“What is wrong with your car?” I had grown used to seeing Muriel zipping around the country roads in her brand-new canary-yellow Kia.
“It was stolen,” she said bluntly.
I was surprised. “From the village?”
“No. Dartmouth. In the car park at Tesco’s,” said Muriel. “Last Friday.”
“But that’s terrible.”
“And what with my Fred being gone … oh, Kat,” she wailed. “I don’t think I can carry on.” She looked so utterly forlorn that I slipped beside her and took her hand in mine.
“It must be so hard to lose Fred,” I said gently. “I know I miss my dad. You should talk to my mother about the first few weeks and how difficult it was for her.”
She nodded and retrieved a lace handkerchief from a concealed pocket to dab at her eyes.
“Thank you, dear. You’re very kind.” Muriel gave a heavy sigh. “Forty-nine years married and never a cross word said.”
Somehow I doubted that. Many a time I’d heard Muriel complain that Fred spent too much time up at the Hare & Hounds pub and at the Newton Abbot racetrack.
“It probably hasn’t sunk in yet,” I said. “It must feel surreal.”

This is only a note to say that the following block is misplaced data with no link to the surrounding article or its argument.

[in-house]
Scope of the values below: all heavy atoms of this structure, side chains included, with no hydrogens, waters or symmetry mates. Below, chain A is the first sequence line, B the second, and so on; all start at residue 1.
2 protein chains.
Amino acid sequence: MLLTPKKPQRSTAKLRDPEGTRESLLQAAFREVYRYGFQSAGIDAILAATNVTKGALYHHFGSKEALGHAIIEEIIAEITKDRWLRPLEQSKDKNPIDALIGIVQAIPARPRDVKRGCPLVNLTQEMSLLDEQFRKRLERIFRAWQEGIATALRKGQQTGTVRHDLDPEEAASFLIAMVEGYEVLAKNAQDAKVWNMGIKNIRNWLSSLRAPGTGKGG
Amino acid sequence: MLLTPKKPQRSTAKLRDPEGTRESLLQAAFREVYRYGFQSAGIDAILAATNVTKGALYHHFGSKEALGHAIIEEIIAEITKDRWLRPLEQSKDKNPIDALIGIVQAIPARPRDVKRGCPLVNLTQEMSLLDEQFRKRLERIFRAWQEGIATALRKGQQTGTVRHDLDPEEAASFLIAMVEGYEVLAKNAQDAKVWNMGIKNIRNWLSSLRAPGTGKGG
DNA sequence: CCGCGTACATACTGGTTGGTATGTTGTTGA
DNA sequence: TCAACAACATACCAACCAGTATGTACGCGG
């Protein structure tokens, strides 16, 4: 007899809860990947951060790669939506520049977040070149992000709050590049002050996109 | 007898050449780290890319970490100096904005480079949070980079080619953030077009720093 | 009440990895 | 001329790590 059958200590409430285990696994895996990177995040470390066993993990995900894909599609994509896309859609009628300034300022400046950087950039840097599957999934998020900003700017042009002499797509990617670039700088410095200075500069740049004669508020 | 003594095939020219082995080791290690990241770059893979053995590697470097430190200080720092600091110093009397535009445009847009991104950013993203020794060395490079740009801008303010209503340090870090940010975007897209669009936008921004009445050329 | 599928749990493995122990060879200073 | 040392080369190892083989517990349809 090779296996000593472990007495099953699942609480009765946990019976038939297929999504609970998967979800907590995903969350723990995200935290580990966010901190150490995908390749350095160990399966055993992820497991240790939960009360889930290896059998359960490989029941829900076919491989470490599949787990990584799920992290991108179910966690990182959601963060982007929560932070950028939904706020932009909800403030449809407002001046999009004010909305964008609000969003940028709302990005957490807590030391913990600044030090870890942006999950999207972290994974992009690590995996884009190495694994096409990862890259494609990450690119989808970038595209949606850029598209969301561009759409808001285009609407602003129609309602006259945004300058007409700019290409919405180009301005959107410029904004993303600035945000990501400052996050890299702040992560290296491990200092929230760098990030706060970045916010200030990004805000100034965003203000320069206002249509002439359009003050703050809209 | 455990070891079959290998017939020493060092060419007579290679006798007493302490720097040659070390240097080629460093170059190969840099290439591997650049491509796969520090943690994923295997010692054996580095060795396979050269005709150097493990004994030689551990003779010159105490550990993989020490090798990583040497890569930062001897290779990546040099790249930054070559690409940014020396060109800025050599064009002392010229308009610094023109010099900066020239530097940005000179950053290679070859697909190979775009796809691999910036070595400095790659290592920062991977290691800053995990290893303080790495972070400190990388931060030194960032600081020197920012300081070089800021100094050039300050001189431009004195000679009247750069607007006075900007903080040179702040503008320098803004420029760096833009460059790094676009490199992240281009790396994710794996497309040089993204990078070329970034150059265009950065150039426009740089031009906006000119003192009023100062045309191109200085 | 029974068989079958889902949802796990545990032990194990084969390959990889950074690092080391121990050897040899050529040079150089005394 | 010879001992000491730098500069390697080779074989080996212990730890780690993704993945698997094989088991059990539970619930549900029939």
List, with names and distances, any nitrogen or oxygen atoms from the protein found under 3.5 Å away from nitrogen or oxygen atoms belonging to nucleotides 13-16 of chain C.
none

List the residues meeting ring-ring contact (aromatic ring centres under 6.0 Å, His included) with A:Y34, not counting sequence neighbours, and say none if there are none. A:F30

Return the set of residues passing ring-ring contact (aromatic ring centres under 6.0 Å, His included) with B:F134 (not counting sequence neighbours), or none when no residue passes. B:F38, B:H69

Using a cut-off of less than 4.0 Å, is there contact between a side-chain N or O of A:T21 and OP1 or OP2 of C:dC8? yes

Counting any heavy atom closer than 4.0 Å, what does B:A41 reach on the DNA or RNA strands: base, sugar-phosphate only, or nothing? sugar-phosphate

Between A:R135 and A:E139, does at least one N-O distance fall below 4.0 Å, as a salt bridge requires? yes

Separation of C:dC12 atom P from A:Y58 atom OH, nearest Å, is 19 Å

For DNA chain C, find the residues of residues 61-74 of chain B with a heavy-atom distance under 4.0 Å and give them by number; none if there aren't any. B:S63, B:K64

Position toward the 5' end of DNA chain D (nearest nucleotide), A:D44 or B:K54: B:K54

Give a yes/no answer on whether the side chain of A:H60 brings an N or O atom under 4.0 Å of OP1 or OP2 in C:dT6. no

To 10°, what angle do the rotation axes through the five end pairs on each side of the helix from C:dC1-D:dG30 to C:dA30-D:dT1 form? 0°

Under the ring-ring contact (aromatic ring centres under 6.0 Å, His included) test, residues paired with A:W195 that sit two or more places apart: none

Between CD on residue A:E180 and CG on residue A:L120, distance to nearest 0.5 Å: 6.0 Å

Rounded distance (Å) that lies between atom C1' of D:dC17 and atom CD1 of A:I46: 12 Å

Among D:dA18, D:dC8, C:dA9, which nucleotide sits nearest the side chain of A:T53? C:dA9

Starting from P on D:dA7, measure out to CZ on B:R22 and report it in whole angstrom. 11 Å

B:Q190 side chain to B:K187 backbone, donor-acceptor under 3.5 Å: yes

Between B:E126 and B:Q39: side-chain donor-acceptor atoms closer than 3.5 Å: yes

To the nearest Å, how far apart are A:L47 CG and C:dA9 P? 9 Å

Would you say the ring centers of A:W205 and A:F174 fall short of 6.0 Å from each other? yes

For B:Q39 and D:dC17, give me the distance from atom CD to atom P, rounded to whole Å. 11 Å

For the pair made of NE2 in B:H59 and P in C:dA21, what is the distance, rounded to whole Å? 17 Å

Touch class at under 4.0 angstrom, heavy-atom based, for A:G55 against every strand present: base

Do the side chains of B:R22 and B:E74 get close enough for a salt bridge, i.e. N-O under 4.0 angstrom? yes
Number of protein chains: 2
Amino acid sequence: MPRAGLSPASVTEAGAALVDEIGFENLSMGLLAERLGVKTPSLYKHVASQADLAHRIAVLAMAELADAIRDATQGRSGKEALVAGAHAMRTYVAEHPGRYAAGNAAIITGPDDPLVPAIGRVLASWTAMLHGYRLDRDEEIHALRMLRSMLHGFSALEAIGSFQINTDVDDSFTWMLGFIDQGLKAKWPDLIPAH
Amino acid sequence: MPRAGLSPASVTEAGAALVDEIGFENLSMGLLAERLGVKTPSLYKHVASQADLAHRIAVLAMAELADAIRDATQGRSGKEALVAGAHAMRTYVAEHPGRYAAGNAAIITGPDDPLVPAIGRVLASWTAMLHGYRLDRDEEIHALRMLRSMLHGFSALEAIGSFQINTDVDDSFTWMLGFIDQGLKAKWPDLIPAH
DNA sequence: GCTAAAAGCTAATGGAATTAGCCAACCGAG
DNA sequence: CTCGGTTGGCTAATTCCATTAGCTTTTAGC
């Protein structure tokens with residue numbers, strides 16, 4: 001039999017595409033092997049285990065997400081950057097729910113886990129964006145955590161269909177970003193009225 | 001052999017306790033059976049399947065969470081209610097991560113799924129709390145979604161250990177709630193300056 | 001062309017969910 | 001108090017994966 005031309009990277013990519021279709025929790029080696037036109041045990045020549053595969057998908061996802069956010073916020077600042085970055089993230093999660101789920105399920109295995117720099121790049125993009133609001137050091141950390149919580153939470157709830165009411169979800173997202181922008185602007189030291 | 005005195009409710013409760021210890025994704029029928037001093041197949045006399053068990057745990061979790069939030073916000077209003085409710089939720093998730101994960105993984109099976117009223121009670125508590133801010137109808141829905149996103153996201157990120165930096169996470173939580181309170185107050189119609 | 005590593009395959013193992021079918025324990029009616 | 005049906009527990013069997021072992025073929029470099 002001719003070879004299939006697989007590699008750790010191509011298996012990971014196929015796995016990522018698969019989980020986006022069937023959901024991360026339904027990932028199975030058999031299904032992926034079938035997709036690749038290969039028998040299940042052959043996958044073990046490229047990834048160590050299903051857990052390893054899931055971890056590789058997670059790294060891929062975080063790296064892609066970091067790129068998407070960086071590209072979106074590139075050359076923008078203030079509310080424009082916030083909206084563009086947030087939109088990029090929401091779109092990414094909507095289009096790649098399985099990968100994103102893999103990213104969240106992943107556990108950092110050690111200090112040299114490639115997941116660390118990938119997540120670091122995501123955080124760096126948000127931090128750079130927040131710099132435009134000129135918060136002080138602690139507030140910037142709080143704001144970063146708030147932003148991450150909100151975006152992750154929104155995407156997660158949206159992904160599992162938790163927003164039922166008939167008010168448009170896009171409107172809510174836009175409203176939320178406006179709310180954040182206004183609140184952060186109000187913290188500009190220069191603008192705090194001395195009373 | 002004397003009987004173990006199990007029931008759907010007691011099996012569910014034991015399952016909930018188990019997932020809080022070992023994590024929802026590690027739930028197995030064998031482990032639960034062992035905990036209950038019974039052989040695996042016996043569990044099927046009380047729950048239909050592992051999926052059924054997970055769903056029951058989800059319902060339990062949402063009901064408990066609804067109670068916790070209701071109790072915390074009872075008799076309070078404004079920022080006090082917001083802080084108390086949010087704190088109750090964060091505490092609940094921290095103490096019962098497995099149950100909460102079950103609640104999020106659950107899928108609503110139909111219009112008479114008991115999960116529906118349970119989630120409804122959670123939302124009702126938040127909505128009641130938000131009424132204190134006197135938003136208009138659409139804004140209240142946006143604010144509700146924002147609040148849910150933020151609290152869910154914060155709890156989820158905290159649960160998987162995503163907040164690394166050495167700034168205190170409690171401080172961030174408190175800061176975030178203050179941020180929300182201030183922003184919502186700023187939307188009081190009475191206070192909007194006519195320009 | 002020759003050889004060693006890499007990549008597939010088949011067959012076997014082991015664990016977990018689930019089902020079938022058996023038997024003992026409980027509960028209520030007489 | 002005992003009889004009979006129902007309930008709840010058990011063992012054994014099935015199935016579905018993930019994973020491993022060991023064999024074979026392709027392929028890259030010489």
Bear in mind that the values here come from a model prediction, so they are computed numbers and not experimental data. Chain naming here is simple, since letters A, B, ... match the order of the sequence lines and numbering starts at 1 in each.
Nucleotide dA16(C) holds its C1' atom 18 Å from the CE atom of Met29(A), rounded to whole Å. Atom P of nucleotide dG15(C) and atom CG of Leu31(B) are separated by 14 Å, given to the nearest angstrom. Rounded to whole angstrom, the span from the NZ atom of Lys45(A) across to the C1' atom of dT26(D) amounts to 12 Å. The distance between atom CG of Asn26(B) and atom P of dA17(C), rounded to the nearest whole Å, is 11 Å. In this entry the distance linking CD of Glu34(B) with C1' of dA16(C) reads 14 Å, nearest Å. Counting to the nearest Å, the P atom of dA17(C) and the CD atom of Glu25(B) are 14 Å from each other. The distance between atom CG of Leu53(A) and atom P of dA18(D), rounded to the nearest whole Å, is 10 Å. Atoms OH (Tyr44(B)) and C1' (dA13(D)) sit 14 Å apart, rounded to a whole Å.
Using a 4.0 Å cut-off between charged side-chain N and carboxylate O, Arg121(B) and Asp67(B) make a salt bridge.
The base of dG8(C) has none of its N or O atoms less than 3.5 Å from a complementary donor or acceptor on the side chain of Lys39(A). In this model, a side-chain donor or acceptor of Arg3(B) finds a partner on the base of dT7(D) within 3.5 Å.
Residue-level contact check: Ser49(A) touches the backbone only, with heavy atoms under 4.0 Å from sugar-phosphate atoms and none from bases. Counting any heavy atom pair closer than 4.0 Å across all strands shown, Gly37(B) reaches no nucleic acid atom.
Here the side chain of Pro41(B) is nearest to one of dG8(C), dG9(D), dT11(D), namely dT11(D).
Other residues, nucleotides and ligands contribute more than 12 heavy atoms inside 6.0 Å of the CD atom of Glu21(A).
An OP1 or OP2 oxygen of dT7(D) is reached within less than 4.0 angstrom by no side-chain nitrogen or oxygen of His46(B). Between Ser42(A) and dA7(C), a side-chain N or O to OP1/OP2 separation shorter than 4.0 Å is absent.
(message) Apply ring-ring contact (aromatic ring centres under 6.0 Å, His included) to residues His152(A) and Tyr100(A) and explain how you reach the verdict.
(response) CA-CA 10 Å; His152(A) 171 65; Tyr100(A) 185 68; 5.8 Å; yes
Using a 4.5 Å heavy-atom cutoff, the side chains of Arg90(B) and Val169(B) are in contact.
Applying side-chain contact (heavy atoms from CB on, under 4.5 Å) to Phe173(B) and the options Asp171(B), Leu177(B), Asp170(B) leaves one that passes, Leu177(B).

“It’s real enough, but it looks like your father made sure Iris was well provided for, which is more than I can say for Fred. I keep looking out of my bedroom window, expecting to see him working out there in the churchyard. It was the stress of the court case that did him in, you know, but we had to do it.”
“It’s tough, I know.”
“Fred was my life. He was a good husband.”
Muriel’s comments echoed my mother’s about my father. Much as I had adored Dad, he had been very controlling, and yet, as we passed the one-year milestone of his death, he seemed to have evolved into a saint.
“But you should be careful. I’ve had a bout of shoplifting in the general store—just bits, sweeties and chocolate—that kind of thing,” said Muriel, promptly changing the subject. “And what with the upcoming Skirmish and that dangerous criminal on the run—”
“That’s what we locals call the re-enactment,” said Muriel. “There were a series of skirmishes before the siege at Honeychurch Hall during the English Civil War.”
“Ah. I didn’t realize,” I said.
“The old earl started the tradition—before my time of course. You’ve got the Roundheads and the Cavaliers—that’ll be the Royalists, as we prefer to call them in these parts. They’ll be setting up camp right outside your back door. You’ll have a lot of strangers milling about for three whole days.”